IMG_3955fIt is of course legal for women to go topless in New York anywhere a man can, and it has been for the past 25 years. That’s true in any of the city’s parks, where men habitually relax topless in the grass or stroll shirtless on the paths…

IMG_3851…and it is also true on the streets of the city, such as the waterfront esplanades at the lower tip of Manhattan. It’s not automatically true in private establishments such as restaurants (which are free to impose a “no shoes, no shirts, no service” policy as long as it’s applied impartially), but any private establishment can permit toplessness if it wishes.

With that in mind, we thought we’d commemorate the winding down of summer with a day in which we did all three: began at midday in a downtown park, then took a long afternoon stroll along the waterside and through the streets of lower Manhattan, and finally sat down in the evening for a group dinner at a friendly establishment that didn’t mind our dining sans chemises.

IMG_4028Joining us for this very special event was our old friend Chelsea Covington, a tireless and passionate advocate for equal rights in general and topfreedom in particular.

IMG_3916Chelsea is the brave soul at the center of the legal case you may have seen in the news regarding women’s rights to go topless on the beach in Maryland. You can find out more on her blog, BreastsAreHealthy, and we very much encourage you to do so. If we haven’t already, she’ll inspire you to take that first step toward topfreedom yourself.

IMG_3938We began our adventure with Chelsea in Rockefeller Park, down at the far west end of Warren Street, with the Hudson River at our backs. At first, when there were only two of us there and he saw us taking off our tops, a park worker came up to us and erroneously claimed that we had to put our shirts back on; we told him he should consult with the police if he didn’t want to take our word for it that the law was on our side. He left.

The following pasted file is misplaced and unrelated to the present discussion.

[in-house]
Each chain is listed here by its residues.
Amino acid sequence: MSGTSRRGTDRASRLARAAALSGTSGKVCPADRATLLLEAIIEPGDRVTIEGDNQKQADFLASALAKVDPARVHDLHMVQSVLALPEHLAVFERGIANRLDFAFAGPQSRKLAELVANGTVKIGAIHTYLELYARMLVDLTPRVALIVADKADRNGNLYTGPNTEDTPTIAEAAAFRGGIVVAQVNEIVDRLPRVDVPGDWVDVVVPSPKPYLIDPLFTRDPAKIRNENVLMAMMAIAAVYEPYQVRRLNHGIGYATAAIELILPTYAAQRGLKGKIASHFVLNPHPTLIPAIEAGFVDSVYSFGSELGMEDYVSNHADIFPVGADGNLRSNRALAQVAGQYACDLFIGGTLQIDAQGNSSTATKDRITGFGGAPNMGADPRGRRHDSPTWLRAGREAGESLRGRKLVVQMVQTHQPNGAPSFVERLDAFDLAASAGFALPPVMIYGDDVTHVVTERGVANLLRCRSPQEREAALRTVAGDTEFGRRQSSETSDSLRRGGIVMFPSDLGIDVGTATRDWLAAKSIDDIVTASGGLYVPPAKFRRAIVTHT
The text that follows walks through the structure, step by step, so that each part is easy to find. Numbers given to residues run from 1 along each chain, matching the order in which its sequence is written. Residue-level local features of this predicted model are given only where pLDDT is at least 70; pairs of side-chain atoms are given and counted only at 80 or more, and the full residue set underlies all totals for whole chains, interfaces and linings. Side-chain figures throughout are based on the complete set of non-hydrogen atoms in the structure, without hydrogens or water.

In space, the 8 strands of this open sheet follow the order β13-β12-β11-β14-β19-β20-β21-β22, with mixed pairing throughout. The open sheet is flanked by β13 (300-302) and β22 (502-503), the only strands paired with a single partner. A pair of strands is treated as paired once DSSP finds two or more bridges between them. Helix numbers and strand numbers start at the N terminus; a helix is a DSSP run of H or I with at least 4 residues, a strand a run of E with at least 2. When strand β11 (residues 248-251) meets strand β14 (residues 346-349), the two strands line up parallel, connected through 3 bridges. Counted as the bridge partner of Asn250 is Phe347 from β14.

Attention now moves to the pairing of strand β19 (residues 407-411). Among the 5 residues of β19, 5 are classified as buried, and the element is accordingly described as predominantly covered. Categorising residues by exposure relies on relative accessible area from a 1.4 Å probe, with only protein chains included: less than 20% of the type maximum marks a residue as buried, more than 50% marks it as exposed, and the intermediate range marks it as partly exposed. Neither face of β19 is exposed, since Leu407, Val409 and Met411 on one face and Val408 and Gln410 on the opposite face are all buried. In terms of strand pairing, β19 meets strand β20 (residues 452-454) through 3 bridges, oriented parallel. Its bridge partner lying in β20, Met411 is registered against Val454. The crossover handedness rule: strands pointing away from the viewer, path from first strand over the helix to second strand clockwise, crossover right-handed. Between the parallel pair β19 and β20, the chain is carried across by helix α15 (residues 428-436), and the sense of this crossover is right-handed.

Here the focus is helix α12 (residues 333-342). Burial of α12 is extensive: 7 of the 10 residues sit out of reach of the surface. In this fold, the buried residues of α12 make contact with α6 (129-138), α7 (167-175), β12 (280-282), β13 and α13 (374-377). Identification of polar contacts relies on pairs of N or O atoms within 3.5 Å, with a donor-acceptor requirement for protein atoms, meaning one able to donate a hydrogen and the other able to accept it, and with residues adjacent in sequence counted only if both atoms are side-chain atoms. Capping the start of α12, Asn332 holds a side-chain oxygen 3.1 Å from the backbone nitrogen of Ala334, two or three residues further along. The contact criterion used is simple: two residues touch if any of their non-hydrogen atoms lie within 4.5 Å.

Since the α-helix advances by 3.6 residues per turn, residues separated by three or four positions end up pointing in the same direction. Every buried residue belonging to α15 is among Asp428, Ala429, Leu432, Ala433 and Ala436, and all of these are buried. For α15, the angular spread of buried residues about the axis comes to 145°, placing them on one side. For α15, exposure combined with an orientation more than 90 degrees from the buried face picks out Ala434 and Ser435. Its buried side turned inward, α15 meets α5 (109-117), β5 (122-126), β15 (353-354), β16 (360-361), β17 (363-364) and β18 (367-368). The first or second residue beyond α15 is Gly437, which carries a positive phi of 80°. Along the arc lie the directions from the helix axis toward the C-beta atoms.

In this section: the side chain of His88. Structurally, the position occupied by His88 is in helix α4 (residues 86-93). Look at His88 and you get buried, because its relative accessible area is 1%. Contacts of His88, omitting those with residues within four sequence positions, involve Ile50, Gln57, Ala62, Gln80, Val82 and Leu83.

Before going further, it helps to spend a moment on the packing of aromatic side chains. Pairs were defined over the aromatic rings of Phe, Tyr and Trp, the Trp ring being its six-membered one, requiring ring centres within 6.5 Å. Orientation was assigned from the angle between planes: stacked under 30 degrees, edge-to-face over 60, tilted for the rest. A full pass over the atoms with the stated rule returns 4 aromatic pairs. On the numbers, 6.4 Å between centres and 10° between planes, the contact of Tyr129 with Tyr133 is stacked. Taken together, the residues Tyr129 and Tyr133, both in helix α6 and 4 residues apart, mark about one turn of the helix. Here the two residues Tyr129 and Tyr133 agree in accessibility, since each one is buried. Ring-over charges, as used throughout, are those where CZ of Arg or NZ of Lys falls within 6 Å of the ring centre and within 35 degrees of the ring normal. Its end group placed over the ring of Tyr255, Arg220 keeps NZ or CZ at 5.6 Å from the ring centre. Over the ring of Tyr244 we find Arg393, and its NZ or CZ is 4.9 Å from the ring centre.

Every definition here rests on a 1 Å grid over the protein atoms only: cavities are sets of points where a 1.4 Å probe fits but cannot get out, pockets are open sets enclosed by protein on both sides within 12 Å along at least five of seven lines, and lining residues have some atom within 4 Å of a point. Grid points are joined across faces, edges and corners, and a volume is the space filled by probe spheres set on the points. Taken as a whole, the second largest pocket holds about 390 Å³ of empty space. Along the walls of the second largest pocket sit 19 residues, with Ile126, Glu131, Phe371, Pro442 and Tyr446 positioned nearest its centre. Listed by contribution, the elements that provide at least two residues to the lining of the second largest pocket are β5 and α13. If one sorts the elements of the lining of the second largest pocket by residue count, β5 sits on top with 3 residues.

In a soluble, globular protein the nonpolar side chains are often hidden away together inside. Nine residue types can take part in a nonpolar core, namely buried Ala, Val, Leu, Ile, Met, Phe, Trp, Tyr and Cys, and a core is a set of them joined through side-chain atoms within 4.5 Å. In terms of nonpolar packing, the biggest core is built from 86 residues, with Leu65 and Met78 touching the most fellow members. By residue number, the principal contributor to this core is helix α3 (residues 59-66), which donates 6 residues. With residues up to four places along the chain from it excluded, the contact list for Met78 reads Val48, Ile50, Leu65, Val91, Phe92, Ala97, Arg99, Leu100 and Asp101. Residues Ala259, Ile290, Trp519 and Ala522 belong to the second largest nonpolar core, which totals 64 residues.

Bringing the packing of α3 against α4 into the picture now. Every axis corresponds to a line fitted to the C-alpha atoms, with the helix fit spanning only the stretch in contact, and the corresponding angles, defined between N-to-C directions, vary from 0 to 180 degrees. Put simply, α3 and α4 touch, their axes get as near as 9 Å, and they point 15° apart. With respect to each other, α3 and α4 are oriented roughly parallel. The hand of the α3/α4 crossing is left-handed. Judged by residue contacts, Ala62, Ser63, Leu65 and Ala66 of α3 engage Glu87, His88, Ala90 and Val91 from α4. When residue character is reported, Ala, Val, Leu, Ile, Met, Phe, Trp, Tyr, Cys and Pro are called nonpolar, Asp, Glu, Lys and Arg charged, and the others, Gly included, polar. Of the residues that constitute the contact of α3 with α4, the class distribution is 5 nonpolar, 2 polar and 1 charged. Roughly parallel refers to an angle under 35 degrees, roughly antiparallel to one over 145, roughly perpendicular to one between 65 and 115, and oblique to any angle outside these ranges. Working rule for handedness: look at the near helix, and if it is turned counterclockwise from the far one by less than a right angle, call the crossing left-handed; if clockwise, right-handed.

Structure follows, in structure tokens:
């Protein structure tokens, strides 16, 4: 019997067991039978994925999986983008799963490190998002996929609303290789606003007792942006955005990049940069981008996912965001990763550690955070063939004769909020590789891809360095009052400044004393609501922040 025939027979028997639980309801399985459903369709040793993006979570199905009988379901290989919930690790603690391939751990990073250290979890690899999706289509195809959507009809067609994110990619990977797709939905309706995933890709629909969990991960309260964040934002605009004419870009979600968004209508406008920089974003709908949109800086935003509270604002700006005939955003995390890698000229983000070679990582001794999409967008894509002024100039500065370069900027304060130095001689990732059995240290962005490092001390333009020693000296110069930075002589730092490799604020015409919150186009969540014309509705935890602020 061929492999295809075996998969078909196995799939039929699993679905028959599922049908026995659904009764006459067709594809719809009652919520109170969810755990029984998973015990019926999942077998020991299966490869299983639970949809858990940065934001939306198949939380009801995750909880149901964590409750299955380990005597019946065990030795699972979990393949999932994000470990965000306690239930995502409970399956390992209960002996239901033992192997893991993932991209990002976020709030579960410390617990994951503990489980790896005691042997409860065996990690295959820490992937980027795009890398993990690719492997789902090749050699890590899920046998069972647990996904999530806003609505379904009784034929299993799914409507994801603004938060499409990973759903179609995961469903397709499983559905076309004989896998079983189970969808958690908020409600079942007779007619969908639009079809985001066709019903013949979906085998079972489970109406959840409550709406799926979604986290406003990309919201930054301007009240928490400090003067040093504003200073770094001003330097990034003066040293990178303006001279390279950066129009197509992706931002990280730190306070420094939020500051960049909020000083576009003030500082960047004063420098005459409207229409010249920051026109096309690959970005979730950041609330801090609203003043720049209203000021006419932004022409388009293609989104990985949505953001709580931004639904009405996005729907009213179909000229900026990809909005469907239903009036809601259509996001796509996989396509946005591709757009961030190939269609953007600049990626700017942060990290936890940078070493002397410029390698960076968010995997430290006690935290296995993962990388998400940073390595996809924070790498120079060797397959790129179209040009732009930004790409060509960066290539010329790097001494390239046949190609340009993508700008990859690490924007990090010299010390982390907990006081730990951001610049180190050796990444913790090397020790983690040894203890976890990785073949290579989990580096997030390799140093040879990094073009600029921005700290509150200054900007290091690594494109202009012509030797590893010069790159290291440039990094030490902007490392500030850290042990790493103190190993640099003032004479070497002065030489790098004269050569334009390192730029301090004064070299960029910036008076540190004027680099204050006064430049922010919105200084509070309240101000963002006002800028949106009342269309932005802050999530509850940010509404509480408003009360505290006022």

IMG_4063Later, when there were more of us and we’d spent some time taking pictures of one another, a different park worker approached to ask if we were “doing a photo shoot.” We had the right to be topless, he acknowledged, but photo shoots require permits. We explained that we weren’t “doing a photo shoot,” we were just a group of friends, we had a visitor from out of town whom we don’t see nearly often enough, and of course we wanted to take pictures together, just like anyone else might. Was that a problem?

Well, no — he’d just gotten some complaints from a nearby group with children, and knowing that he couldn’t legally hassle us for being topless was trying desperately to come up with some other pretext for hassling us. But we know our rights and stood up to him, and eventually he left too. (At least this time no actual police showed up.)

In between those encounters, and on either side of them, we had a lovely time in the park — discussed books and politics,

IMG_3859Enjoyed the breezes off the water,

IMG_3932fAnd ate strawberries together with an avian pal.

IMG_3825fIMG_3914cIMG_4024Then the clock chimed four, and with just an hour until our dinner reservation, we began our walk. About which, more anon.

IMG_4084IMG_4095In the meantime, we’ll say this: getting hassled by park personnel is not fun — but it’s one hell of a lot better than being arrested and fined $1,000, which is what can happen to you in Ocean City, MD, if you’re a woman who exposes a nipple on the beach (but not if you’re a man). In New York, we have the law on our side and are merely exercising our rights. Chelsea is out there fighting for them. Our hats — and our tops — are off to her.

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